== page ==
Harvey hits Texas; Strongest hurricane since Carla in ’61
Mobile homes are destroyed at an RV park after Hurricane Harvey landed in the Coast Bend area on Saturday, Aug. 26, 2017, in Port Aransas, Texas. The National Hurricane Center has downgraded Harvey from a Category 1 hurricane to a tropical storm. Harvey came ashore Friday along the Texas Gulf Coast as a Category 4 storm with 130 mph winds, the most powerful hurricane to hit the U.S. in more than a decade. (Gabe Hernandez/Corpus Christi Caller-Times via AP)
Published August 26, 2017 at 4:21 PM Updated September 2, 2017 at 3:33 PM
Hurricane Harvey rolled over the Texas Gulf Coast on Saturday, smashing homes and businesses and lashing the shore with wind and rain so intense that drivers were forced off the road because they could not see in front of them.
CGTN’s Nitza Soledad Perez reports from Texas.
The fiercest hurricane to hit the U.S. in more than a decade came ashore late Friday about 30 miles (48 kilometers) northeast of Corpus Christi as a mammoth Category 4 storm with 130 mph (209 kph) winds. It weakened overnight to Category 1 and then to a tropical storm.
But the system’s most destructive powers were just beginning. Rainfall that will continue for days could dump more than 40 inches of water and inundate many communities, including dangerously flood-prone Houston, the nation’s fourth-largest city.
“Our focus is shifting to the extreme and potentially historic levels of flooding that we could see,” said Eric Blake, a specialist at the National Hurricane Center in Miami.
No deaths were immediately reported. High winds kept emergency crews out of many places, and authorities said it could be hours before emergency teams are able to fully assess damage.
By dawn, nearly 300,000 consumers were without power in the coastal region, and nearly 20 inches (0.5 meters) of rain had fallen in some places.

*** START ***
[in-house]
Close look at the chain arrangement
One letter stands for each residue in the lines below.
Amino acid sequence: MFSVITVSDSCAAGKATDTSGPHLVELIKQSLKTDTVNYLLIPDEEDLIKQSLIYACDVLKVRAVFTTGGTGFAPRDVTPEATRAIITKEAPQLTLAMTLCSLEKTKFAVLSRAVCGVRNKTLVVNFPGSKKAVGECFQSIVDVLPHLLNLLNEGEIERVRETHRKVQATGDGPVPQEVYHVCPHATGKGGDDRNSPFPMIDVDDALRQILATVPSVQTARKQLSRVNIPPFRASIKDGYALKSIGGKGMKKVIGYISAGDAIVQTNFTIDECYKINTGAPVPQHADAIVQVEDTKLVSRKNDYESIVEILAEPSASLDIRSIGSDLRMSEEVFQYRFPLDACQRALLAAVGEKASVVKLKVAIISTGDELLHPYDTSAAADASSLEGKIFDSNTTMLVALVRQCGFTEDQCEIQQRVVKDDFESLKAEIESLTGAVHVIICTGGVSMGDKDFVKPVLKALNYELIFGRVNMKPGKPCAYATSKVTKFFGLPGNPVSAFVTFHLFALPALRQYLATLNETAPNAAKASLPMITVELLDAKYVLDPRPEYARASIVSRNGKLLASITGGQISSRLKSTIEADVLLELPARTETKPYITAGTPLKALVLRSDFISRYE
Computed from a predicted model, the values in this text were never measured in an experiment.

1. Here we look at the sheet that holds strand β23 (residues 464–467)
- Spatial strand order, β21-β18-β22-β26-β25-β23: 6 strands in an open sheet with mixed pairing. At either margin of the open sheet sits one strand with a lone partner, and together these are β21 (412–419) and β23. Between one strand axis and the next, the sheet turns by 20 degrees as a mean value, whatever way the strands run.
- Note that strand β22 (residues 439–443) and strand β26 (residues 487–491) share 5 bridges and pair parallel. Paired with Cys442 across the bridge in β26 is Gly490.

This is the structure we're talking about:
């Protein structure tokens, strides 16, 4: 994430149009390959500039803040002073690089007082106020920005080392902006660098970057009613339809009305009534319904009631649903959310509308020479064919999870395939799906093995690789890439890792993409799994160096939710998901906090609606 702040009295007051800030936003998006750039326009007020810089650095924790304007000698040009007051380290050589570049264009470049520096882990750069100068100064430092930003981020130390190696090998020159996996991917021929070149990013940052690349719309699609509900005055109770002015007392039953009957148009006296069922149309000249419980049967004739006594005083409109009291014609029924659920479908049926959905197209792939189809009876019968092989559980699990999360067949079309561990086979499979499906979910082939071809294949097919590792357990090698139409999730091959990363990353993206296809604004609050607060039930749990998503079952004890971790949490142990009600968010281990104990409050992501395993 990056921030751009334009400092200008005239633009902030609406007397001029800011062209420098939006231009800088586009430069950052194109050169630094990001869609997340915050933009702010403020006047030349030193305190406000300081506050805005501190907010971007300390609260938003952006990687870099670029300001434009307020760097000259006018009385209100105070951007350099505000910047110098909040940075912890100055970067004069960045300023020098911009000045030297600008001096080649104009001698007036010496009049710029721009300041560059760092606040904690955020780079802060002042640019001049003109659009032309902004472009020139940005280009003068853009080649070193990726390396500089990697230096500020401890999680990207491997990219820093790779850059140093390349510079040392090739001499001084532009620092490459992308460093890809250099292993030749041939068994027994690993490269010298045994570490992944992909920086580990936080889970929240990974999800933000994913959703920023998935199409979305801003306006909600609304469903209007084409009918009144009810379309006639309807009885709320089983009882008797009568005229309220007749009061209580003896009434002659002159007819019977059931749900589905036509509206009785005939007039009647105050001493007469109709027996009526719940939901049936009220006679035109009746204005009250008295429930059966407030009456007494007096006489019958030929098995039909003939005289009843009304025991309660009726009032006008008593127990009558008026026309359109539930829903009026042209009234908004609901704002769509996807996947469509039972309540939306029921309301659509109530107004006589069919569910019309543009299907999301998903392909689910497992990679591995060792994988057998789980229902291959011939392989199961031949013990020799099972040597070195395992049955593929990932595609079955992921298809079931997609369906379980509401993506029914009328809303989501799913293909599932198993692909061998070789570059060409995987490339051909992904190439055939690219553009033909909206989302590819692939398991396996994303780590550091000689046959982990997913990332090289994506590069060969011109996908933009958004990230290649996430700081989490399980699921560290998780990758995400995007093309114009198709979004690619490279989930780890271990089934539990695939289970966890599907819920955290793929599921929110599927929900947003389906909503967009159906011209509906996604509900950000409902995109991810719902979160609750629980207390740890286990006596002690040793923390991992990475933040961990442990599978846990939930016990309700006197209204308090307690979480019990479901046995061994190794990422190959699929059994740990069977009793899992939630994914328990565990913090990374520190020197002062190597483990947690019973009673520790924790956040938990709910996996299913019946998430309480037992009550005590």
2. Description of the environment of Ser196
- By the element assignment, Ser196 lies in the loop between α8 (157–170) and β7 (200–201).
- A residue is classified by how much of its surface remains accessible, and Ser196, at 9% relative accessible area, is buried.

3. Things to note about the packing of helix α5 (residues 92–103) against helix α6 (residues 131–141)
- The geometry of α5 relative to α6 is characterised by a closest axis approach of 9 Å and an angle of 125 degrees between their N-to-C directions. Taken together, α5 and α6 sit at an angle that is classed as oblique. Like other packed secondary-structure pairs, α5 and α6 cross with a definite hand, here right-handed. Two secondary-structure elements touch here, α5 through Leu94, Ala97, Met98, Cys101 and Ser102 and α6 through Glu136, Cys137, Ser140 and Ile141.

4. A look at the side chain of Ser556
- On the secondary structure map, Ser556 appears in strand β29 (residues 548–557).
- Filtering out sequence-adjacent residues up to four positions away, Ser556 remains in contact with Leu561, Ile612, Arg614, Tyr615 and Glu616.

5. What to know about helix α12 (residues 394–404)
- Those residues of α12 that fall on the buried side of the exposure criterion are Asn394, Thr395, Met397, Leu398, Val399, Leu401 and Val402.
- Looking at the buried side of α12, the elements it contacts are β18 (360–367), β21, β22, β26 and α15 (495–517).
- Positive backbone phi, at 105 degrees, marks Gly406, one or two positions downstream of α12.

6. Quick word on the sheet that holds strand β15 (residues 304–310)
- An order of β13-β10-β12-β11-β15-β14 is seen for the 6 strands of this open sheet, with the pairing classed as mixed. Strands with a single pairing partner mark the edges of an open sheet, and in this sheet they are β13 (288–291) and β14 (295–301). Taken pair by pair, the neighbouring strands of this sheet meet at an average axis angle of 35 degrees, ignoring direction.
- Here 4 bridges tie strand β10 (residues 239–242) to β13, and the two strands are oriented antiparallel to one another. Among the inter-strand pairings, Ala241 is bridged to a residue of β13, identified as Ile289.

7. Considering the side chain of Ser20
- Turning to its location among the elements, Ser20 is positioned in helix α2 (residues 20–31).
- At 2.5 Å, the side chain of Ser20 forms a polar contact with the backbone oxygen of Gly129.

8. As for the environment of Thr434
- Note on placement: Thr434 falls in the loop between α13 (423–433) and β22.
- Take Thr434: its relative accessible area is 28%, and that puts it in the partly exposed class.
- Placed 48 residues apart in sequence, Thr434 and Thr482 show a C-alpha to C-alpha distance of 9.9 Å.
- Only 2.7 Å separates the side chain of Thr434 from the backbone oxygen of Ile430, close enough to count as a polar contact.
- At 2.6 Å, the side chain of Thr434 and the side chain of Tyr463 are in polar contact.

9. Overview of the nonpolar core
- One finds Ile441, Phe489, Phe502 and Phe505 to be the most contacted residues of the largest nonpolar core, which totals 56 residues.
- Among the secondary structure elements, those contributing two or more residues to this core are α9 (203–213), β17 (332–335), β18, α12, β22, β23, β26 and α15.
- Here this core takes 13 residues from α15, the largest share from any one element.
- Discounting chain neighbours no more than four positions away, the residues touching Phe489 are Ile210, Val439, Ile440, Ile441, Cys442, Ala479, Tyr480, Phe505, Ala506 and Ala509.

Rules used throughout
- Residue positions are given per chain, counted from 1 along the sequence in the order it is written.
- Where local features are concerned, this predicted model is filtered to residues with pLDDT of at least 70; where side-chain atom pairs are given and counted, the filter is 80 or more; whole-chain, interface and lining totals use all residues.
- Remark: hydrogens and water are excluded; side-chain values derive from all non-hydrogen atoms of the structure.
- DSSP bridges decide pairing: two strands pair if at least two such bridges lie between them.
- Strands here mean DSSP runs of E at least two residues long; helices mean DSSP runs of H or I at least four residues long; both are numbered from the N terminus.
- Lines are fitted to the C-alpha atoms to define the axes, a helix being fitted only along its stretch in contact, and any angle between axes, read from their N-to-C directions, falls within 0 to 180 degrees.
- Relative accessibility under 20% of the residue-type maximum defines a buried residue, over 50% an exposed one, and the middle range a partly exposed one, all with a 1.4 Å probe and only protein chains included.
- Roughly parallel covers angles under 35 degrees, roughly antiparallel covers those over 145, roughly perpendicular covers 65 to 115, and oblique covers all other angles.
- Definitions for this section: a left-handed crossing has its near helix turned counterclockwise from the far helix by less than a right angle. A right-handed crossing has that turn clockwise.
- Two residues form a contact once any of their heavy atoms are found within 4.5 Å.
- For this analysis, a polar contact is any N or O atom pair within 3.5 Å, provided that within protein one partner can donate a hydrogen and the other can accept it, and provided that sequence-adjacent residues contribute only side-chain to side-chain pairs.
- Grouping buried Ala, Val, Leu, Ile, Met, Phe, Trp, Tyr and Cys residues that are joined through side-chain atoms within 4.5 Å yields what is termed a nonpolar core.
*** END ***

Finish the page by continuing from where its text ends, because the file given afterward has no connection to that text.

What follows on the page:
There is one confirmed death from Harvey in the coastal city of Rockport.
The Austin American-Statesman reported Saturday that Aransas County Judge C.H. “Burt” Mills Jr. also says 12 to 14 people were injured by Harvey.
Harvey delivered a direct blow to Rockport, a city of about 10,000 people.
The mayor of Rockport, a coastal city of about 10,000 that was directly in the storm’s path, said his community took a blow “right on the nose” that left “widespread devastation,” including homes, businesses and schools that were heavily damaged. Some structures were destroyed.
Mayor Charles “C.J.” Wax told The Weather Channel that the city’s emergency response system had been hampered by the loss of cellphone service and other forms of communication.
About 10 people were taken to the county jail for treatment after the roof of a senior housing complex collapsed, television station KIII reported.
On Friday, Rockport Mayor Pro Tem Patrick Rios offered ominous advice, telling the station that people who chose not to evacuate should mark their arm with a Sharpie pen, implying that the marks would make it easier for rescuers to identify them.
In the storm’s immediate aftermath, the Coast Guard sent two helicopters to try to rescue the crews of three tugboats reported in distress in a channel near Port Aransas. And about 4,500 inmates were evacuated from three state prisons in Brazoria County south of Houston because the nearby Brazos River was rising.
By early afternoon, Harvey had weakened to a tropical storm. Its maximum sustained winds had fallen to about 70 mph (113 kph), and the storm was centered about 60 miles (97 kilometers) southeast of San Antonio. It was moving north at 2 mph (3 kph), the hurricane center said.
Hurricane Harvey is now just a tropical storm, but that doesn’t mean it’s no longer a threat to Texas. Harvey is the most powerful storm to hit the U.S. in more than a decade, and could dump rain well into next week. Climate Central meteorologist Sean Sublette from joins CGTN’s Susan Roberts to discuss the storm’s impact.
Story compiled with information from The Associated Press and AFP.